the probe will give you a number that is neither 4, 8, or 16. that's because it will be giving you the cab's RMS value based on the multimeter's DC output for measuring impedance but speakers are designed for an AC input.
    if you multiply the number it gives you by about 1.2-1.4, it should give you a value close to 4, 8, or 16. that is the impedance of your cab.
     
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  9. Rook

    Rook Electrifying

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    Mismatching a bigger load onto a smaller output (16 ohm cab to 4 ohm head say) is safe.

    It generally isnt recommended that you mismatch by more than a factor of 2, but tbh the chances of you doing any damage are pretty small. Just don't do it the other way round as it puts the output section of the head under strain.
     
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  10. Hybrid138

    Hybrid138 SS.org Regular

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    Thanks for the help guys!
     
  11. glpg80

    glpg80 √εvil

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    Theres alot of forum myth regurgitation going on in this thread, i hope to clear this up a bit for everyone (and cut through some of the bull)

    Lower impedance will generally stress the power tubes gradually as volume increases.

    Higher impedance will generally stress the power tubes less as volume increases until the powertubes are forced into cut off at high volume levels. Up until the point where the impedance mis-match creates voltage spikes onto the plates of the power tubes called flyback.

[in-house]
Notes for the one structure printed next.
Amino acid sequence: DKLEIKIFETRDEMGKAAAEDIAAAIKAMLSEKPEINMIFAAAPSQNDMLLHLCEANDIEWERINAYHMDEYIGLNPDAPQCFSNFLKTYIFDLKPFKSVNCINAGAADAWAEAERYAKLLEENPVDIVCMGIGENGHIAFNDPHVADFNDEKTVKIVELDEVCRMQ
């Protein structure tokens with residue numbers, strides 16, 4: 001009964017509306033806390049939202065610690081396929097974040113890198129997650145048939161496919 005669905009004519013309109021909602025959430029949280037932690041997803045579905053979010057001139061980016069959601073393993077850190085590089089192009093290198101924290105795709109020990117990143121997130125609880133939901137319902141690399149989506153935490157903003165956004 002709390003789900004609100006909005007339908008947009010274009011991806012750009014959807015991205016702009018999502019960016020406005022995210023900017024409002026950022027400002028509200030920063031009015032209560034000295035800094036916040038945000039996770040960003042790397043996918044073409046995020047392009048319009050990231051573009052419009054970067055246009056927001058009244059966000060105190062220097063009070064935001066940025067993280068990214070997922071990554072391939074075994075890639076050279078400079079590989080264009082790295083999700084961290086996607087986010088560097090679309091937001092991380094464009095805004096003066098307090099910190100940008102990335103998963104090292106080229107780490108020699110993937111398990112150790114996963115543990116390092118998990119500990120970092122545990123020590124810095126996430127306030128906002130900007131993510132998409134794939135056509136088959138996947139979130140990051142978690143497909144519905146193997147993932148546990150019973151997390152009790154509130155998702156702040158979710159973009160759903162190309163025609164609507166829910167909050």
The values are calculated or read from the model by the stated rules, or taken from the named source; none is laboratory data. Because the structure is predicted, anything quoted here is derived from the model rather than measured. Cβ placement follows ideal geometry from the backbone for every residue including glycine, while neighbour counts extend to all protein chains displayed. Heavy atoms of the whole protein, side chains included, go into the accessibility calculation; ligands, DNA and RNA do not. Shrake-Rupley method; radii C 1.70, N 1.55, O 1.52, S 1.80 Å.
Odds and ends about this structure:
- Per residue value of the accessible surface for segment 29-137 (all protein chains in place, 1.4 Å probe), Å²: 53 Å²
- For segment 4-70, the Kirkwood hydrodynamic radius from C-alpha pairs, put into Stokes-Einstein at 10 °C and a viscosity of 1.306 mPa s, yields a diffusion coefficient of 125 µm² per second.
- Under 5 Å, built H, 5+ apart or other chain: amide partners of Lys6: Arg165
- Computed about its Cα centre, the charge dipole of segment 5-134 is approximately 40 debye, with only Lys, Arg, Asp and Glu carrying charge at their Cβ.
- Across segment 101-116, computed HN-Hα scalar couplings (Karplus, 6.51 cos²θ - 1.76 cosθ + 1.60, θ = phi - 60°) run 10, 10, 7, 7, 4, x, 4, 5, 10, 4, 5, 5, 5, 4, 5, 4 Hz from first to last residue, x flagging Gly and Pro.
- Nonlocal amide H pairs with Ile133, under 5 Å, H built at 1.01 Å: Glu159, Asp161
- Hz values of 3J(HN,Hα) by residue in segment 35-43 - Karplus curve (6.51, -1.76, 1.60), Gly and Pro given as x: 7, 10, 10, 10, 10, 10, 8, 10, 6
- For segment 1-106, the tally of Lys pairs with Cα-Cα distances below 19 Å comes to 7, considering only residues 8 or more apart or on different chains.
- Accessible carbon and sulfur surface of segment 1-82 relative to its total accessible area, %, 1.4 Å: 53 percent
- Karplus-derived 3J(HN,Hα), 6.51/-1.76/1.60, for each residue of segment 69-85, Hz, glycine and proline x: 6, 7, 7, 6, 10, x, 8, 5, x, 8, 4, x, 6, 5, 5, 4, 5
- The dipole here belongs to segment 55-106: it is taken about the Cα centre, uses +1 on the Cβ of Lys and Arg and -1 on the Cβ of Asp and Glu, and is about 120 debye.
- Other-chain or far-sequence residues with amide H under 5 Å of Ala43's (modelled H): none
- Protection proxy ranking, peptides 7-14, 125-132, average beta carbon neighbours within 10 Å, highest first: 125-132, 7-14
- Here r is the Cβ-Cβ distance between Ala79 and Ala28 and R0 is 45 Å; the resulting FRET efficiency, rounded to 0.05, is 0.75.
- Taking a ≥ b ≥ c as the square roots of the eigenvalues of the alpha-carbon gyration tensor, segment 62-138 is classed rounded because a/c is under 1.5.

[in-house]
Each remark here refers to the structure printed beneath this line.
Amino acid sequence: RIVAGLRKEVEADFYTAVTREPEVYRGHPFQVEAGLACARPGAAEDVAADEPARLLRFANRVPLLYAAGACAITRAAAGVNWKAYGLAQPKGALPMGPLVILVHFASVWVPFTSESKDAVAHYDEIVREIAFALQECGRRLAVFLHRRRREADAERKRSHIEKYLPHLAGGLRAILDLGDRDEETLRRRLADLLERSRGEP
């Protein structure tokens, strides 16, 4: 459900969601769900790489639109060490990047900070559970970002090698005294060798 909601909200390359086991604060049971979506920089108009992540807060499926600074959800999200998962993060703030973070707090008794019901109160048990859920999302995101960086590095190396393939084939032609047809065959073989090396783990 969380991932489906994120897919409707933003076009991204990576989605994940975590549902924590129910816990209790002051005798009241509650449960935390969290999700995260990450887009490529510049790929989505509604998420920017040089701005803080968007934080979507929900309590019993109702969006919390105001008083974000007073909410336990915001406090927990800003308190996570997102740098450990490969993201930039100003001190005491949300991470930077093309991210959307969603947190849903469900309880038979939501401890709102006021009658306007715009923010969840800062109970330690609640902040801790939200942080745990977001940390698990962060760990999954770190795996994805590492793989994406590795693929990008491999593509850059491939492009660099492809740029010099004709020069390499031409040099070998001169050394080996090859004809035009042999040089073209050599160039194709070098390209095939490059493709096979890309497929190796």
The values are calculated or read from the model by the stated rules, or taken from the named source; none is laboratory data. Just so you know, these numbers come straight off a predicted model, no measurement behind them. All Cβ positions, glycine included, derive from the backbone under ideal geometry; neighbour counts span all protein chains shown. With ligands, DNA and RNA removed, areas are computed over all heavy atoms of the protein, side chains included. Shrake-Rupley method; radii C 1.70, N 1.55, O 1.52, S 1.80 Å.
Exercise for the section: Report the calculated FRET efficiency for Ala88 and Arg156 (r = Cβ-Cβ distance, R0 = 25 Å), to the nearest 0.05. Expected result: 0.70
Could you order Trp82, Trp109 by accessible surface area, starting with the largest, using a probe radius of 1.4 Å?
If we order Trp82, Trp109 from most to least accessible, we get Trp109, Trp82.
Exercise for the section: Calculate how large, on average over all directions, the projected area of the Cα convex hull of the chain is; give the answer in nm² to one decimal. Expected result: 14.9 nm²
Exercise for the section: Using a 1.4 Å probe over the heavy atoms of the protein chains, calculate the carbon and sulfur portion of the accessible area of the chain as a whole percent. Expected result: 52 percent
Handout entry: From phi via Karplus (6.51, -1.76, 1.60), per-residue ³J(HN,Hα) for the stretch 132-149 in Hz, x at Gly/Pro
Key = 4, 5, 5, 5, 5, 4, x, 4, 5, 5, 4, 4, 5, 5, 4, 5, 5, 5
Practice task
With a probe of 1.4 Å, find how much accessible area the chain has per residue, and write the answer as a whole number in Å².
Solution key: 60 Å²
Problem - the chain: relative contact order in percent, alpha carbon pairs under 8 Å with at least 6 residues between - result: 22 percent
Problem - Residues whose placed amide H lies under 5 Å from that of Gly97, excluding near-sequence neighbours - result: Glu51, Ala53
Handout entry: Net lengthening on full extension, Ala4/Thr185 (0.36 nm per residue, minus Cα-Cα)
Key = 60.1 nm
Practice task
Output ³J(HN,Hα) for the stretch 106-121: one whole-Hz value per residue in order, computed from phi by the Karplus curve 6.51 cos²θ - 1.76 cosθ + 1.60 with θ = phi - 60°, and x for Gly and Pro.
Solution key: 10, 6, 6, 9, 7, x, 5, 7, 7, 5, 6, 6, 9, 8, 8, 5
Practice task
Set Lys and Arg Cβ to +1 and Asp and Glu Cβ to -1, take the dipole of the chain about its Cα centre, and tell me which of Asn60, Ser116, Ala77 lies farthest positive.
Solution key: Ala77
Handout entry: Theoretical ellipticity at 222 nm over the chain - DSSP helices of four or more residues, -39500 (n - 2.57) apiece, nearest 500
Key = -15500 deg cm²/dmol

This flyback occurs due to the energy stored as a 3ft diameter magnetic field around the OT - this field can collapse and create voltage spikes that are MORE than your B+ - WAY more than what the amplifier can create.

    Power tubes have a set impedance they expect to see on the primary of the OT. the secondary is a voltage step down and a current step up - at full tilt you will see voltages around 70V but currents in the 60A range.

    There are alot of factors involved like tube quality, B+ voltage, the volume you are playing, the OT core resistance, OT inductance, winding isolation material, and many more. Its too hard to say which is better or which is worse - in reality neither are good - impedance is nothing but opposition to current flow and a false resistance in the imaginary plane - what you want is a matched impedance so the impedance differences cancel and you get max power transfer. Impedance is NOT one setting flowing current better than the other.

    If you have to mis-match, set the amplifier equal to or lower than the load that is expected so that the load is higher than the amplifier sees. lower impedances will most likely stress your power tubes and shorten their life. Higher impedances are OK to a point, but eventually it becomes Russian Roullete - you could cook your OT on a flyback spike and fry fuses, sockets, tubes, and wiring galore.

    Hope this helps to clear a few things up.:cheers: